6. Tyler says:

    I eagerly subscribed to The Economist last winter. It’s an expensive magazine, but has so many great articles. It was a weekly, and I found myself struggling to keep up with it. I just don’t have enough free time to read that much magazine each week. If the same mag was a monthly, I would definitely be in the black when it comes to cost-benefit.

    They’ve opened up their website substantially, and now I read online once in a while. Sure, I don’t get quite as much out of it, but I’m not shelling out the cash for articles I don’t have time to read either.

  7. Can’t you still review CR each month if you subscribe online? All of the content in the magazine shows up online (and is available to subscribers), right?

  8. Josh says:

    Something about online subscriptions I just can’t get by head around. I’ve tried it. But its just not the same. The last one that comes to mind is Popular Mechanics (which I love by the way) using the “Zinio” reader. UGH! I have a 19″ widescreen and it still isn’t worth the switch from traditional print. That said, it is good to use the online format to pick and choose specific articles once they’re a month or two dated like you spoke about.

  9. You should give The Economist a try. I think you’ll like it.

    Their website has all the content from their recent issues, so you can try before subscribing..

  10. Grace says:

    Money Magazine subscriptions are readily available on Ebay. I’ve renewed there annually and never paid more than $10 a year. Once I paid $6.49! Right now, I’m partially through a three-year subscription I got for $28.

    I’ve also gotten Oprah and Vanity Fair subscriptions from Ebay.

    Is there a used-magazine store in your town? My city has two. I go there for Real Simple, Ms., and Mother Jones (hey, I LIKE those lefty mags, what can I say?).

    Lots of folks subscribe to the New Yorker and never catch up–I take the old issues off their hands.

  11. guinness416 says:

    It seems (to me anyway) that most publications nowadays have significant content online, more than a few years ago. I just found out that Vanity Fair puts a lot of their stuff online, I know for a fact they didn’t post any 3 or 4 years ago. I still like physically reading long articles on the subway though, I can’t read mutiple pages on a screen, so I print them out at work.

  12. Scarfish says:

    I don’t pay for magazine subscriptions–I don’t like paying to be advertised to, and in a journalism class a few years ago we compared the number of pages of actual content to the number of pages of straight advertising and advertorials. It was more than 50% advertising. Admittedly, womens’ magazines are one of the worst culprits of this, but I’ve not paid for a magazine since then.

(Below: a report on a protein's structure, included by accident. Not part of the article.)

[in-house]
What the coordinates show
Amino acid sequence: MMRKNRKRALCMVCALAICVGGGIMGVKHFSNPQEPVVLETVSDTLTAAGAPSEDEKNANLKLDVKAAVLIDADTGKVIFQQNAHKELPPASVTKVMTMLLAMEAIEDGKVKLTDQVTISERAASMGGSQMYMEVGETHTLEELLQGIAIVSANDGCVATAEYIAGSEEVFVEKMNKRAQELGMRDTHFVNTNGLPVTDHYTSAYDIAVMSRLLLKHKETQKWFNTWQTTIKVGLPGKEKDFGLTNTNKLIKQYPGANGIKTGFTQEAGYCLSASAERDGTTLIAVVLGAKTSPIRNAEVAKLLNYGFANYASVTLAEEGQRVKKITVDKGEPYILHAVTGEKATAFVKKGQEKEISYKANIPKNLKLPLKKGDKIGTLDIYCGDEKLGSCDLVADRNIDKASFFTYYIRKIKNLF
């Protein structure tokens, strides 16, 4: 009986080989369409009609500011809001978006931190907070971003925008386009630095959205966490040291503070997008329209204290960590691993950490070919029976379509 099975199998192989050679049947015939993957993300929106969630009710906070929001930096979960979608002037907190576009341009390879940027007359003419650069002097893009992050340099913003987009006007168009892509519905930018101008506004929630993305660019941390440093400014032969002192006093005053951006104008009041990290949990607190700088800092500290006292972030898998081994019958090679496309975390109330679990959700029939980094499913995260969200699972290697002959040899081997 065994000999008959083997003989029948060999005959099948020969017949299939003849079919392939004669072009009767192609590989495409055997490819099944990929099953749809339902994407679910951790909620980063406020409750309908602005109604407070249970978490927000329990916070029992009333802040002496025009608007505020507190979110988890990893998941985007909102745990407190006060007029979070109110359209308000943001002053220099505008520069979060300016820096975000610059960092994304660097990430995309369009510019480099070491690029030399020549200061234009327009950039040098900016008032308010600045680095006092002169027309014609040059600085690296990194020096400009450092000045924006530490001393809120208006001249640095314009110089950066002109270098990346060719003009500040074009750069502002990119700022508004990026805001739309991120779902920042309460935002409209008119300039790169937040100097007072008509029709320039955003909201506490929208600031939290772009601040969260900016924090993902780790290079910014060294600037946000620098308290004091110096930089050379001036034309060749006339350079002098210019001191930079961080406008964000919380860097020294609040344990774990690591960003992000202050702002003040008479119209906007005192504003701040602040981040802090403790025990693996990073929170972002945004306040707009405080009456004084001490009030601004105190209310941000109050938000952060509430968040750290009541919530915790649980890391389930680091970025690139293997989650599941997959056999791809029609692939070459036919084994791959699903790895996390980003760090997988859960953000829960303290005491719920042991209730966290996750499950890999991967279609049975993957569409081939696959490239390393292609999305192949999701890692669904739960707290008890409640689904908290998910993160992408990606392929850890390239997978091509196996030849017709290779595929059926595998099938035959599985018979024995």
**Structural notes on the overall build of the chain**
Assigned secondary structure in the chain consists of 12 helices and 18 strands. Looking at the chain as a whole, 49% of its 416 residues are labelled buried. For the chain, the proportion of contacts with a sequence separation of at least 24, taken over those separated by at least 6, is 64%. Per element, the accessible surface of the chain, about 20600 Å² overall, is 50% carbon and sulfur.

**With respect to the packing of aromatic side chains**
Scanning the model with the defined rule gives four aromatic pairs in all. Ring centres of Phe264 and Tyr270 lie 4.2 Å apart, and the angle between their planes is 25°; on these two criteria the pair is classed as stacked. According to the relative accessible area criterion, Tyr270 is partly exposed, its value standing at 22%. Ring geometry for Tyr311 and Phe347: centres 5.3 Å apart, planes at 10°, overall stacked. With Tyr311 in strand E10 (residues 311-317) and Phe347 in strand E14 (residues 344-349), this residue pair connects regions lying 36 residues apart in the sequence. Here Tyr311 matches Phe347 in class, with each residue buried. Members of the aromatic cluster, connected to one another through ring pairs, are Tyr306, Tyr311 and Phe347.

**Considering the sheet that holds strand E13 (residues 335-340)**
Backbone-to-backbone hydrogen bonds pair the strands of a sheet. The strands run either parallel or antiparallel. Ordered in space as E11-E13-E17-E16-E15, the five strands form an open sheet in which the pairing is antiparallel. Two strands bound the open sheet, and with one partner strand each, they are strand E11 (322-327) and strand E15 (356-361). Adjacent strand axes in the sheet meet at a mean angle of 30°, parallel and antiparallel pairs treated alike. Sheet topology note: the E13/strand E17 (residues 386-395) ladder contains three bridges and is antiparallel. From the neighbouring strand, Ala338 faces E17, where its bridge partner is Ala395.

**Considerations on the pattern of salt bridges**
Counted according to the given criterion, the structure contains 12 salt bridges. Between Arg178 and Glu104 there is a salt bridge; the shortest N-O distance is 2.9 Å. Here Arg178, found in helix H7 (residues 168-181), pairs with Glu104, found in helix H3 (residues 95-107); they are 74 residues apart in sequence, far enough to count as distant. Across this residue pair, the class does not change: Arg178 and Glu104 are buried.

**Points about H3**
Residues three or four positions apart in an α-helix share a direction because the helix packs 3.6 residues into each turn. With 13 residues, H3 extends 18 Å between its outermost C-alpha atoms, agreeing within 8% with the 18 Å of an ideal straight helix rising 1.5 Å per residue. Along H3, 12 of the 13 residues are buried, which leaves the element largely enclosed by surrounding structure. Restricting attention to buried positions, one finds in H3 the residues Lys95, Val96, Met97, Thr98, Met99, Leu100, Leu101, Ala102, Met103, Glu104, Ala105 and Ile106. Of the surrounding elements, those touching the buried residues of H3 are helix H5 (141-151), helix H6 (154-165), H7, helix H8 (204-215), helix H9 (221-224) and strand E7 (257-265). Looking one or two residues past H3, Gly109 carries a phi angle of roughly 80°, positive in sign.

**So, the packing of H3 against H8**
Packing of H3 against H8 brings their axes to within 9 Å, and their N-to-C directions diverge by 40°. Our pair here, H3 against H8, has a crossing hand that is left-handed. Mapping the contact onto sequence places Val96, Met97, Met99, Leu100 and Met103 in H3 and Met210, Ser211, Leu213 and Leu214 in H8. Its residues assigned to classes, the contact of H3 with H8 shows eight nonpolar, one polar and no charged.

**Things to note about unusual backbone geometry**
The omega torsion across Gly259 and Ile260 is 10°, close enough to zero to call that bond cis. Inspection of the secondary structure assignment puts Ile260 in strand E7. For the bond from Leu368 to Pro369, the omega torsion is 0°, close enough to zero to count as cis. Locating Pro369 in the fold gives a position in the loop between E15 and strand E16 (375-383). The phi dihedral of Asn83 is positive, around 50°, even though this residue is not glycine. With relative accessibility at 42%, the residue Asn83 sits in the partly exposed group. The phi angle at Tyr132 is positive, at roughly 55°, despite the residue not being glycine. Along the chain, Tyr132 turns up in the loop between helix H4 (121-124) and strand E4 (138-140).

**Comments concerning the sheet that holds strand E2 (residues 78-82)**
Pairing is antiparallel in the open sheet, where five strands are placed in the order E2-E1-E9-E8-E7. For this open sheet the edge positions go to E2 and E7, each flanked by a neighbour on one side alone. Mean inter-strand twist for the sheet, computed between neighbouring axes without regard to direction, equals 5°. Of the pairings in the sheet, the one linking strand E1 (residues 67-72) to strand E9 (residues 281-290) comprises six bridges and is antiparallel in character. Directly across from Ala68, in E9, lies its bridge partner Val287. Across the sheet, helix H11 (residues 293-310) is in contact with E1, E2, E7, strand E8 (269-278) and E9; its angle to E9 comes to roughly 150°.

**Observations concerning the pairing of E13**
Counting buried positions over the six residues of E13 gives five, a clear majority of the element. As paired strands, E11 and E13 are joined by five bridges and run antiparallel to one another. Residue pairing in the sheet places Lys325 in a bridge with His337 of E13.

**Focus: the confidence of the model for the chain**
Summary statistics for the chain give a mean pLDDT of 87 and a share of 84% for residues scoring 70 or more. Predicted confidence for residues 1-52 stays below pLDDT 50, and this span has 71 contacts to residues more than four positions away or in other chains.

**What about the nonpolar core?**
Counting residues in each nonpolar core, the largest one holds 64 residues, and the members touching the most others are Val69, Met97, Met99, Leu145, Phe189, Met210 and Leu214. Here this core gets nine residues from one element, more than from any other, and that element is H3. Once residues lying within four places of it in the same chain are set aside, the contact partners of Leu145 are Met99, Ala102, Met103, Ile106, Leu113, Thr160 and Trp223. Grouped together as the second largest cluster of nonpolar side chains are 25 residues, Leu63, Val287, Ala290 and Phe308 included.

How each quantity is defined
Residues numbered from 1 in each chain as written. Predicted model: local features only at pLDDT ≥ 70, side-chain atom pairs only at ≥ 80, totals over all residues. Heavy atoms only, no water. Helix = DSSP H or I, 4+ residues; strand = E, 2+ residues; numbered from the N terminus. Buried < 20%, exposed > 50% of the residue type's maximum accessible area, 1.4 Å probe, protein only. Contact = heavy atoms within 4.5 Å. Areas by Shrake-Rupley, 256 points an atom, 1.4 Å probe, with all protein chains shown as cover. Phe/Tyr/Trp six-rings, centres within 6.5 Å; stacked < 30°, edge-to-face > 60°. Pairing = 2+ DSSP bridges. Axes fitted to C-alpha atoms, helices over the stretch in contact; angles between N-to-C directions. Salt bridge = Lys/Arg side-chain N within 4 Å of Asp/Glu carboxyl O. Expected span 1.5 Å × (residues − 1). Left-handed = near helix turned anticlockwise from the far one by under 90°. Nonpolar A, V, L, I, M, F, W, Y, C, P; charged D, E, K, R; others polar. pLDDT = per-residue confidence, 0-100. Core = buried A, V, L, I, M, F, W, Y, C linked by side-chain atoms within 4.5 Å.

I’ll read at the library, use a points system for free subscriptions, or browse and B&N. Most magazines don’t have all that much useful content in them anyway, and leave me feeling unsatisfied with my life (same thing that happens when I watch too much television) so I’m better off without them.

    I would like a subscription to Reader’s Digest, though–I’ve never seen it on one of the points sites I use, but I used to read each issue cover to cover several times when I lived with someone who had a sub.

  13. Peter says:

    Going through such a list of magazine subscriptions gives me the same reaction as when Dave Ramsey describes eating cheap as “Kraft Mac & Cheese” for dinner. Kraft? I only get the name brand when I’m feeling rich! Like the save money while golfing tips, some people have to cut back a long ways before reaching where some of us live every day.

  14. Jared says:

    Instructables.com is a wonderful free alternative to Make magazine (started by one of the contributors to Make…

  15. Dawn says:

    Trent, you mentioned some of the magazines were gifts that are now on renewal-be careful that the person who gave it to you initially does not renew something that you are also renewing. This happened to me, and I got 2 copies for a 2 months before I was able to get the magazine to credit the extra money to the following year. A lot of people who give a magazine gift like the convenience of renewing it for the person as the gift again the next year.

  16. Ed says:

    How does the points system work for free magazines?

    Also – how does Ebay work for magazine subscriptions? Are they auctioned off by the magazines themselves?

  17. Michelle says:

    Trent- have you tried getting on the comped subscription list to the magazines you enjoy?

    You mention you review them on your site, I would call the advertising sales people at each of these publications and tell them you have close to 16,000 regular subscribers on your blog who are interested in their magazine and this topic. You will provide them the free advertising (banner ads, reviews etc) if they add you to their list to recieve each month, or some other type of negotiation.

    I work as a media buyer and purchase the ad space in magazines, I get more free subscriptions then I know what to do with. The publications can add anyone they think may advertise with them or would benefit them. Just a thought.

  18. Don says:


    Here’s an idea to save money on magazine subscriptions:

    I share my mag subscriptions with a good friend. All the mags (National Geographic, Forbes, Newsweek) are sent to his house. We both have no need to read any of these magazines immediately. So I go by his place occasionally to pick up a stack of magazines to read through at leisure.
    This cuts my effective cost of magazine subscriptions by half since we share the cost. I live pretty far from his house but the cost of driving my car over there doesn’t overtake the savings; plus, I maintain a friendship with a friend because we talk about the magazine articles and chat everytime I come over.

    And where I’m at, we get a tax deduction on book/magazine purchases so we take turns paying for the subscription each year to claim or tax benefit. We’re in our third year of subscriptions.

    This works great for me because I don’t feel that I have to keep the magazines once I’m done (although I do keep the NGS maps for myself). It also helps that my friend is fairly organized and has my stack of unread mags ready each time I pop by-I call ahead.